Objective: Cross validation study of the MoCA for the detection of Alzheimer's disease (AD) and Mild Cognitive Impairment (MCI) in a community-based cohort residing in the Southeastern United States.
Methods: One hundred and eighteen English-speaking older adults, who underwent diagnostic evaluation as part of an on-going prospective study, were administered the MoCA and MMSE. Twenty were diagnosed with AD, 24 met criteria for amnestic MCI and 74 were considered cognitively normal. Sensitivities and specificities were calculated using the recommended cut-off scores and ROC curve analyses were performed to determine optimal sensitivity and specificity. The influence of age, education and gender on MoCA score was also examined.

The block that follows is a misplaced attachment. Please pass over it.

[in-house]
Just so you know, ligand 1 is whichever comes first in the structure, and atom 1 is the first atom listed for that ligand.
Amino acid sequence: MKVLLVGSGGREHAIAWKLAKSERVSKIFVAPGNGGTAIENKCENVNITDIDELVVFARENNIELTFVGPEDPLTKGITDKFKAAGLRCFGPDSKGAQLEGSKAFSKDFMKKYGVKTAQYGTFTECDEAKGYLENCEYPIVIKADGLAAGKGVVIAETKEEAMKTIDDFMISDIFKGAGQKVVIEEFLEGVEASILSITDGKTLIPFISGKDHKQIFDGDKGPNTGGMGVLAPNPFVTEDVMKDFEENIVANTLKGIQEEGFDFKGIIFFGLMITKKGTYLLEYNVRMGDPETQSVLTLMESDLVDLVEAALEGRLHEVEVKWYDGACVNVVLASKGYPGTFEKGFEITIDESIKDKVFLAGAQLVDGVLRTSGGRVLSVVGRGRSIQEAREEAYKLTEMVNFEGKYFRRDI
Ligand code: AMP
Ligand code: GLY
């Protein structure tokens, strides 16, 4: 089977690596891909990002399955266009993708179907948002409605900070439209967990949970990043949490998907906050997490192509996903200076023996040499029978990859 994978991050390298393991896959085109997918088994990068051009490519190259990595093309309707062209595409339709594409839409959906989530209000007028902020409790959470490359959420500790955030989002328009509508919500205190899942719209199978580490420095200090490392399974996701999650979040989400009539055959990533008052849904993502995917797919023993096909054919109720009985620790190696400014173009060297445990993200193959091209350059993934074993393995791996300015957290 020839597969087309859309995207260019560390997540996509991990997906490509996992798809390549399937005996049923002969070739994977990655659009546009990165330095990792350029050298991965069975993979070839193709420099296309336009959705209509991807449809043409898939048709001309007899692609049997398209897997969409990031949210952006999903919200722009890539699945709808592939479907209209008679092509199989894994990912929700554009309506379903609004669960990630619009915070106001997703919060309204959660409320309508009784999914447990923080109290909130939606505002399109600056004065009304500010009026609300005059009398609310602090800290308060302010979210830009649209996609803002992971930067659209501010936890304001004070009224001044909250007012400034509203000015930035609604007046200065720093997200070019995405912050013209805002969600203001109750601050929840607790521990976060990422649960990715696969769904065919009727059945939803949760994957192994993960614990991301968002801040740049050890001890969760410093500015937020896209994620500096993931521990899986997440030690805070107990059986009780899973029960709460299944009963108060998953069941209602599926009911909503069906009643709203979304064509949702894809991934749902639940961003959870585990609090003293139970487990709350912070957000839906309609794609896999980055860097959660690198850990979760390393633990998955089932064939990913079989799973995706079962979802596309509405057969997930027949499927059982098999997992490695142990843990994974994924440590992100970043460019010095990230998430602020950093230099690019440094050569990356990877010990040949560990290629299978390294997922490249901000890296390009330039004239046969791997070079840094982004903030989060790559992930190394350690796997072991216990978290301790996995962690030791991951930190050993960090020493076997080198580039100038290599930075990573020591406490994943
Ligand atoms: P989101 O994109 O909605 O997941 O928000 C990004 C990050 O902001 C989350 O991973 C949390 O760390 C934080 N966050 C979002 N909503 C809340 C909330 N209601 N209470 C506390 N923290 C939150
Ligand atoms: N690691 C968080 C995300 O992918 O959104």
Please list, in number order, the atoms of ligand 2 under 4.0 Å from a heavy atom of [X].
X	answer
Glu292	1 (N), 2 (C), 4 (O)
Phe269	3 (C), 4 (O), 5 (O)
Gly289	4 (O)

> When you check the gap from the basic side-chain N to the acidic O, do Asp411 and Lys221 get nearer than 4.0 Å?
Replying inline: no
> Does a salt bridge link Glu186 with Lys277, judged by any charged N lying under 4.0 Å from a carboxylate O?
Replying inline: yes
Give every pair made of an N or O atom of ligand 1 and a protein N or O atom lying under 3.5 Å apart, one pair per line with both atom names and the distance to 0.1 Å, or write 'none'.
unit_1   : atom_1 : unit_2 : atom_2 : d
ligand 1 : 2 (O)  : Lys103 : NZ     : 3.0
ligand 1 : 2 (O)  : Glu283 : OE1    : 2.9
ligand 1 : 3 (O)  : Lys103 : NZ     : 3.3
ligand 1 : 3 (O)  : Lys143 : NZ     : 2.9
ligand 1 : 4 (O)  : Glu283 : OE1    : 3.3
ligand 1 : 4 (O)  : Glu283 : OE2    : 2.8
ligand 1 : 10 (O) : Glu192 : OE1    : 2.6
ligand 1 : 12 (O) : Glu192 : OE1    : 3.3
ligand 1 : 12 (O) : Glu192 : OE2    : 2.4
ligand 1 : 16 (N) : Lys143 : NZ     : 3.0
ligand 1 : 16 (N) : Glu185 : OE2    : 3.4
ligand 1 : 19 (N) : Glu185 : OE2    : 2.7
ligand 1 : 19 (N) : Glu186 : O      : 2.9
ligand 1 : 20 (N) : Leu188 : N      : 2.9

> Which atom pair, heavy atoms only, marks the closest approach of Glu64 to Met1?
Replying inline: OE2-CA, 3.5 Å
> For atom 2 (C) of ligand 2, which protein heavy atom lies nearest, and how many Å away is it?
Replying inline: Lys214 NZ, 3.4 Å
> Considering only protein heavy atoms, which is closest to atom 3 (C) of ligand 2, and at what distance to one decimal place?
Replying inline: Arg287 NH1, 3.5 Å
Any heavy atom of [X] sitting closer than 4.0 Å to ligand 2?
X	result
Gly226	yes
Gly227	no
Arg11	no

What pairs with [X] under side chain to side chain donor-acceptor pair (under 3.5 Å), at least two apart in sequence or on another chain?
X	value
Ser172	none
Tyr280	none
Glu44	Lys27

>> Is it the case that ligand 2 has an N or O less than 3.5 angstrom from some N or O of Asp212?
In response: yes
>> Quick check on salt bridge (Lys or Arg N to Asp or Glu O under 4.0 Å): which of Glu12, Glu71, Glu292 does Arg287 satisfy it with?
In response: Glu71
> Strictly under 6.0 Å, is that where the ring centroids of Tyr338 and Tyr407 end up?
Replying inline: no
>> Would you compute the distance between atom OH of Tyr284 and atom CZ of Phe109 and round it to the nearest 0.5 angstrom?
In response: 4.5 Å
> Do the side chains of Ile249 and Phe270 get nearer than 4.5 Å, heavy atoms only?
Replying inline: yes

Results: Using a cut-off score of 24 or below, the MMSE was insensitive to cognitive impairment. Using the recommended cut-off score of 26, the MoCA detected 97% of those with cognitive impairment but specificity was fair (35%). Using a lower cut-off score of 23, the MoCA exhibited excellent sensitivity (96%) and specificity (95%).
Conclusion: The MoCA appears to have utility as a cognitive screen for early detection of AD and for MCI and warrants further investigation regarding its applicability in primary care settings, varying ethnic groups, and younger at-risk individuals.
(c) 2008 John Wiley & Sons, Ltd.